July 27, 2012

"The Orpheus of Apulia"

Guitar Virtuoso and Composer Mauro Giuliani
Mauro Giuliani (photo courtesy of Wikipedia)
By Giovanni di Napoli
"Then Herr Mauro Giuliani, a Neapolitan, came to us—a man who had been led early in the right direction through correct sense of harmony, and who, as an accomplished virtuoso, combined with the most correct performance the greatest perfection of technique and of taste...Through his teaching and the competition he has aroused among teachers and lovers of the instrument, he has formed for us so many outstanding amateurs, that there could scarcely be another place where authentic guitar-playing is so widely practiced as here in our Vienna." —Excerpt from the preface to a guitar method published c.1811/12, entitled Versuch einer vollständigen methodischen Antleitung zum Guitare-Spielen by Simon Molitor and Wilhelm Klingenbrunner (1)
Southern Italy has a long history with the guitar, dating as far back as the Spanish viceroyalty. In fact, the earliest extant six-string guitar was built by the Neapolitan luthier Gaetano Vinaccia in 1779. The prestigious Gagliano, Fabricatore and Vinaccia families are credited with several innovations for the instrument and throughout the nineteenth century Naples remained a major center for its production. (2) It is also no coincidence that some of the most celebrated early classical guitarists—most notably the great Federico Moretti (1760-1838) and Ferdinando Carulli (1770-1841)—hailed from the Regno

However, when talking about the history of classical guitar in Southern Italy it is impossible not to mention Mauro Giuliani. For this we can thank music historian Thomas F. Heck and his major contributions to the field. This author's brief biographical sketch is completely indebted to Mr. Heck's illuminating Mauro Giuliani: Virtuoso Guitarist and Composer (Editions Orphée Inc., 1995) — the definitive work on Giuliani and a must-read for any serious student of the history of classical guitar.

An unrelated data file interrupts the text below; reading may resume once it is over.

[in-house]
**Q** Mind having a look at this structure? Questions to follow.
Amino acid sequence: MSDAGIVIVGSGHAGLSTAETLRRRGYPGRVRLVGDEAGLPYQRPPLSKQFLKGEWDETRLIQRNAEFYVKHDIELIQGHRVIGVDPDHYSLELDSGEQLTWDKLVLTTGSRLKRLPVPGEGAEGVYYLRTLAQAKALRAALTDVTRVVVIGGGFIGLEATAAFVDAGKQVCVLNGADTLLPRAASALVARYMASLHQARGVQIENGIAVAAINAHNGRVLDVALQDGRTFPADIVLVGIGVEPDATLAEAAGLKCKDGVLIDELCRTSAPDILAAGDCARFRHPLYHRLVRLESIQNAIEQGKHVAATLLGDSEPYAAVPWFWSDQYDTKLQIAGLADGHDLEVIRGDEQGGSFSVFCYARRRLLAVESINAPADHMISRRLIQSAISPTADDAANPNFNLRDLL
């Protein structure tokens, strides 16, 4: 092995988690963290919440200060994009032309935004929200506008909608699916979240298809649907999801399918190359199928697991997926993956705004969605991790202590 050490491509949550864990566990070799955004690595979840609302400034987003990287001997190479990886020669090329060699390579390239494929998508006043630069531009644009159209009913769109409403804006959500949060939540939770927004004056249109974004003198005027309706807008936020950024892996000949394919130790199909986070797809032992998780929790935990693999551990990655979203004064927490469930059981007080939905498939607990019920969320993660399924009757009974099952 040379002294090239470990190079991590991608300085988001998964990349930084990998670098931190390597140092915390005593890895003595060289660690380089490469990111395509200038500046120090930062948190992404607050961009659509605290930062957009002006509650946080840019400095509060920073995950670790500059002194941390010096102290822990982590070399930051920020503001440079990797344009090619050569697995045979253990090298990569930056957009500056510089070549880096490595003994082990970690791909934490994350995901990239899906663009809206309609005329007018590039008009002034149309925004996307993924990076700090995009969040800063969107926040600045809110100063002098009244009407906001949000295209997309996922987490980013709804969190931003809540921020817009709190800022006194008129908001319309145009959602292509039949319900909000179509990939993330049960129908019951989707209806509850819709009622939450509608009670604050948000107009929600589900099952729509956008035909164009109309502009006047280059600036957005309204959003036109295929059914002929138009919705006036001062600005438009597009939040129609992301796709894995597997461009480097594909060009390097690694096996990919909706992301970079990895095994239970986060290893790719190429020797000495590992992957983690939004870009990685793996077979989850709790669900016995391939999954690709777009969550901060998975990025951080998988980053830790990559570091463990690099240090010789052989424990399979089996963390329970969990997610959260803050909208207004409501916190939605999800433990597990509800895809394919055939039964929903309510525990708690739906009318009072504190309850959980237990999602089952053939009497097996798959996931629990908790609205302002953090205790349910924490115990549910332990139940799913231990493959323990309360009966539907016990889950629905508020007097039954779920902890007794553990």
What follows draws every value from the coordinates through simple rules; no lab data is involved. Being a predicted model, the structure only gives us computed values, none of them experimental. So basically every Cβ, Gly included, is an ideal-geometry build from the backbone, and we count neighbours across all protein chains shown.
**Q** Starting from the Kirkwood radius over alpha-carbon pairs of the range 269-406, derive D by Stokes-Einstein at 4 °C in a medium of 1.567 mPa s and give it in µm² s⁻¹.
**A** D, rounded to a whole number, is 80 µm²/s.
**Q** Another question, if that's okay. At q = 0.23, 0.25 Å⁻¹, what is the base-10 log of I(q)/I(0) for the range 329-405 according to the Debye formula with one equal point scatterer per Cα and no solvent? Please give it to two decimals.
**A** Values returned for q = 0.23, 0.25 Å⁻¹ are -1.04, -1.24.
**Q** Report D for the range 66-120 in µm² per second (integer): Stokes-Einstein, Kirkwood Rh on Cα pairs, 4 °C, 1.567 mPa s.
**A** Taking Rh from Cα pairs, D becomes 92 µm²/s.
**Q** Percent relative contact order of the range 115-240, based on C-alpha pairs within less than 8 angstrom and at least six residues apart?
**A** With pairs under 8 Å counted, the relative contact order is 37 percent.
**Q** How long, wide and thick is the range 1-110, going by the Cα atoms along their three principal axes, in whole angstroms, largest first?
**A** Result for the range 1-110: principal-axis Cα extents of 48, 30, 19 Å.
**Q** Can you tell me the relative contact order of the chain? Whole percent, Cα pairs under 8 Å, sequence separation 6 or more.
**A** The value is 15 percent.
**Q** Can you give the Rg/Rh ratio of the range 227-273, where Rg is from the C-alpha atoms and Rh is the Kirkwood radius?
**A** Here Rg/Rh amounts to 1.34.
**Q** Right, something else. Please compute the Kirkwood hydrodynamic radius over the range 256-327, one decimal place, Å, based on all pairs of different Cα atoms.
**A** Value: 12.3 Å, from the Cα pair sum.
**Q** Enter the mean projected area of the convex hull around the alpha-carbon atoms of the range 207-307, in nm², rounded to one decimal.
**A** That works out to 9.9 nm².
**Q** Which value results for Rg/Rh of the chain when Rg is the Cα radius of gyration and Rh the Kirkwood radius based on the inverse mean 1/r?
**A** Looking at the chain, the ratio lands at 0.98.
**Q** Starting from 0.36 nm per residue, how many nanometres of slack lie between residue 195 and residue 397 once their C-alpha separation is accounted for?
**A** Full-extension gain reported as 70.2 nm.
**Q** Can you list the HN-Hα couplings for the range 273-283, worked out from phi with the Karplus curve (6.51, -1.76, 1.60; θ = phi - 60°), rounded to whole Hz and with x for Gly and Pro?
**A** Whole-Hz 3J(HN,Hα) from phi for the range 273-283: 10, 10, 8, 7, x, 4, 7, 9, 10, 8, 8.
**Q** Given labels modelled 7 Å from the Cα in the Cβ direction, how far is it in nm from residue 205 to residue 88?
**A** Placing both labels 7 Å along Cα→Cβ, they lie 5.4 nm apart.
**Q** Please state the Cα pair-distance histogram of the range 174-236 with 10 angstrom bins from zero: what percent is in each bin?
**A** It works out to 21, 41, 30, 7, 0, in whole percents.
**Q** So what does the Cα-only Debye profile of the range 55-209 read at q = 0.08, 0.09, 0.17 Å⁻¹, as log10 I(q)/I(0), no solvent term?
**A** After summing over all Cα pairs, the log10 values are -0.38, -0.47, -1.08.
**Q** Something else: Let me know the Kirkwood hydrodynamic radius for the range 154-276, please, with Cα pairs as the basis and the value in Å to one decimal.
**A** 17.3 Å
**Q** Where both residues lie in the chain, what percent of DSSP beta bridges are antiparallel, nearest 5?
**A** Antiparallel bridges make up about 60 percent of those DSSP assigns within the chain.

Little is known about Mauro Giuliani's early life. He was born on July 27, 1781 in Bisceglie, a small fishing village along the Adriatic coast in Apulia. His father, Michele, moved the family to nearby Barletta, where Mauro and his older brother, Nicholas received music instruction at the Teatro San Ferdinando. Around 1800 Nicholas travelled to St. Petersburg with wealthy patrons returning to Russia from a pilgrimage to the shrine of Saint Nicholas in Bari. Nicholas served as a voice instructor in the Russian capital until his death (c. 1850). Mauro studied the cello, counterpoint and the six-string guitar, a relatively new instrument for which he had a special affinity. 

Mandolin (maple, spruce, tortoiseshell, ivory),
made by Vincenzo Vinaccia
(active 1769-1785), Naples, 1777
At the age of 16 Mauro composed a mass, which according to his first biographer Filippo Isnardi "did him much honor." (3) He may have taken additional schooling at one of the prestigious music conservatories in Naples. Giuliani married a local Barlettana girl, Donna Maria Giuseppa del Monaco, and on May 17, 1801 they had a son, Michel, who would become a noted professeur de chant at the Conservatoire de Paris.